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Eaton's Christmas Catalogues (Page 2)

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Christmas was a Time for Children | Community Christmas Trees | Marketing Christmas | Christmas in the Post-war Period | It's Never Too Soon to Start Getting Ready | What to Buy? | The Wishing Book | Conclusion | Acknowledgements | Further Reading

Community Christmas Trees

Rural communities celebrated Christmas through church and large community parties, or Christmas Trees, so-called because originally gifts for the children were placed on the tree. In the 1930s, Eaton's introduced a Christmas Tree Shopping Service that selected gifts based on budget, gender, and age information provided. Some children only received gifts at school or community celebrations, not at home. In certain cases, teachers purchased gifts through the Eaton's catalogues and placed them on the tree to be given out during the Christmas concert for children whose families could not afford to buy for their children.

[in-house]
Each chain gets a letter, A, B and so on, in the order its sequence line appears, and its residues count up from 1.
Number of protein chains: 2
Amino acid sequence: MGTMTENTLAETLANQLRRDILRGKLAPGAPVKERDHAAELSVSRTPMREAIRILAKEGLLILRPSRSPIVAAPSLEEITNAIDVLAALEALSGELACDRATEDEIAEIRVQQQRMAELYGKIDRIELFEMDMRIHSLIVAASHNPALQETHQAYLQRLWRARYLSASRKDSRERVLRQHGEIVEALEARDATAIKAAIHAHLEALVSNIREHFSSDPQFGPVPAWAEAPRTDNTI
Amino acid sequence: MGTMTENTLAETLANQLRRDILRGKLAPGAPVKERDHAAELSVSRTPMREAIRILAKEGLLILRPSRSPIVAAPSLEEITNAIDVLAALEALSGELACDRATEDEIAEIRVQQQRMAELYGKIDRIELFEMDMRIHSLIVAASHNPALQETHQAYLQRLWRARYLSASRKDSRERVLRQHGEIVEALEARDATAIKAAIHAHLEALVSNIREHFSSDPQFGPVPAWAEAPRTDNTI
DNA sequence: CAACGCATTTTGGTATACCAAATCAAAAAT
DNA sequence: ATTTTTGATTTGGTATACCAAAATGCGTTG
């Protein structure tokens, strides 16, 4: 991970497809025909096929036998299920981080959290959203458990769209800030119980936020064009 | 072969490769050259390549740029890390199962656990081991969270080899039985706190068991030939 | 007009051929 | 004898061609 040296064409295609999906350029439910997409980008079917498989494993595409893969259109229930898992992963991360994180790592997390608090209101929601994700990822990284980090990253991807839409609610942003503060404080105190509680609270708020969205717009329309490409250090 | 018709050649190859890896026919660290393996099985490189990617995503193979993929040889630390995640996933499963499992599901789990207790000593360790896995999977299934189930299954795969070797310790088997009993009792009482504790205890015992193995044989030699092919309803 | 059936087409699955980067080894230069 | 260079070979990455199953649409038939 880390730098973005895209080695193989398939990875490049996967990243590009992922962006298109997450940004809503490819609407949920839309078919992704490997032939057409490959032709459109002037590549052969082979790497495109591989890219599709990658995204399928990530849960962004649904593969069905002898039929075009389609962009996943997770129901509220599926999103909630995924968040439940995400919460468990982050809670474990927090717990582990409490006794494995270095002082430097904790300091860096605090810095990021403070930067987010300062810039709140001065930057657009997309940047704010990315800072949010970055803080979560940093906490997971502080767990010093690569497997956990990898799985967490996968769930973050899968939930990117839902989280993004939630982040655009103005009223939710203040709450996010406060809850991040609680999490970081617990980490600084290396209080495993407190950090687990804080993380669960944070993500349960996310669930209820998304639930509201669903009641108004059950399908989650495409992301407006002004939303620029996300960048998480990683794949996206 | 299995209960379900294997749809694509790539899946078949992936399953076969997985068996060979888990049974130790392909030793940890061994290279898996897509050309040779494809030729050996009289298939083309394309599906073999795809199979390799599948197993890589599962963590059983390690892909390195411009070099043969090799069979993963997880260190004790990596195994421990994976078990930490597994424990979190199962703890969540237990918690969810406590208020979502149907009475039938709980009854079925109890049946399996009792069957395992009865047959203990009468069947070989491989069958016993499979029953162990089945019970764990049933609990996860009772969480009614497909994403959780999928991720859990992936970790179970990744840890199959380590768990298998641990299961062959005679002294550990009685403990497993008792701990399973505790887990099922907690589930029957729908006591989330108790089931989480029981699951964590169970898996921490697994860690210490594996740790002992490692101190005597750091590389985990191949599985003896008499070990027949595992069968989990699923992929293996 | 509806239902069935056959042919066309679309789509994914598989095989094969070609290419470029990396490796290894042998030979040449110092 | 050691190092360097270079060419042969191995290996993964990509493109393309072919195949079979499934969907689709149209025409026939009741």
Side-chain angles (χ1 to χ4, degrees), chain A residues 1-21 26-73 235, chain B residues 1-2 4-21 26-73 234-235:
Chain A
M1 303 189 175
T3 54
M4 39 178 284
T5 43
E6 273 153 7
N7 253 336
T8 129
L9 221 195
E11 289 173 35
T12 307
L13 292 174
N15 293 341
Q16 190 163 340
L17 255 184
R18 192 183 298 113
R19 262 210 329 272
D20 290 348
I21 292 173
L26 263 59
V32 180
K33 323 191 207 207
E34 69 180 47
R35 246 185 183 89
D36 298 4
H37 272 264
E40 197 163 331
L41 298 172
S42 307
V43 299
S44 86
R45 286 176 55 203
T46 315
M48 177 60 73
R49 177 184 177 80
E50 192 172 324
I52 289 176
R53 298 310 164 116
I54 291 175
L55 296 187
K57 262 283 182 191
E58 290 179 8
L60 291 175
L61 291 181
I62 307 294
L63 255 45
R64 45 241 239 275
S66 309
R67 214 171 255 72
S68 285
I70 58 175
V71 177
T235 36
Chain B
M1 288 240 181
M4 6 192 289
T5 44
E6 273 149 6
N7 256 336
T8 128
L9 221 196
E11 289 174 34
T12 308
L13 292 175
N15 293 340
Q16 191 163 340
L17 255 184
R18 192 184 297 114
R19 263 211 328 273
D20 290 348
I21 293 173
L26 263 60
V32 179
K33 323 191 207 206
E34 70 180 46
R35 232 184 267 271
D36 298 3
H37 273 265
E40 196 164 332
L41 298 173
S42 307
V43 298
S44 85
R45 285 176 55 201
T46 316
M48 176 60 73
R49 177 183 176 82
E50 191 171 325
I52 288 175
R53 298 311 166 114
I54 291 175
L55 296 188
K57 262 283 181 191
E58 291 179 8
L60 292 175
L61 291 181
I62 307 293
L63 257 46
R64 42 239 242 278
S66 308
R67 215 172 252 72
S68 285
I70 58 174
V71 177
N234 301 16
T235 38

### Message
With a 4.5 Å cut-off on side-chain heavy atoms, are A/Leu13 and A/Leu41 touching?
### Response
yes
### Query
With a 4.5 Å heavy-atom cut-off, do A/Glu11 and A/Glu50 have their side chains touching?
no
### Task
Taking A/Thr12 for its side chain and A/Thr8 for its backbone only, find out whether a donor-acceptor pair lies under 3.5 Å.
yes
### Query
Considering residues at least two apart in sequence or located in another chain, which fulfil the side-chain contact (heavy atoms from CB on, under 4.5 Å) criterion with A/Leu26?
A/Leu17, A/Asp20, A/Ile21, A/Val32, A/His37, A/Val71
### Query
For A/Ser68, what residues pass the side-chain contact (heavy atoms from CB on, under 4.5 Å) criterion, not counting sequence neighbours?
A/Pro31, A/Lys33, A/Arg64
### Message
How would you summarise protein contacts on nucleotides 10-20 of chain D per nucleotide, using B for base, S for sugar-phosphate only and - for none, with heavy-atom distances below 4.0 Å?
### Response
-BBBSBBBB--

Cover of Charlie Chaplin book, Eaton's 
Fall Winter 1919-20, p. 449.   

Eaton's sold a number of Charlie Chaplin books. Chaplin was described in the catalogue as "the moving picture comedian." This book containing 16 pages of "funny capers" was published in 1917. It sold for 15 cents in the Eaton's (Winnipeg) Fall/Winter Catalogue, 1919-20, p. 449.

Enlarge image.
   Bringing up Father, Eaton's Fall 
Winter 1919-20, p. 448.   

Bringing Up Father's comic characters Maggie and Jiggs were household names for decades. Artist George McManus published several books of comics in the late teens and early 1920s. Eaton's (Winnipeg) sold this 46-page book for 25 cents in the Fall/Winter Catalogue, 1919-20, p. 448.

Enlarge image.

Celebrations also included entertainment such as the school concert, a special movie, or theatrical performance (with angels' costumes made from gauze ordered by the roll from Eaton's), and refreshments. Community organizations raffled items like Eaton Beauty Dolls, for which members had made clothing and blankets. Eaton's sold prepackaged stockings and Christmas candy.

   Eaton Beauty doll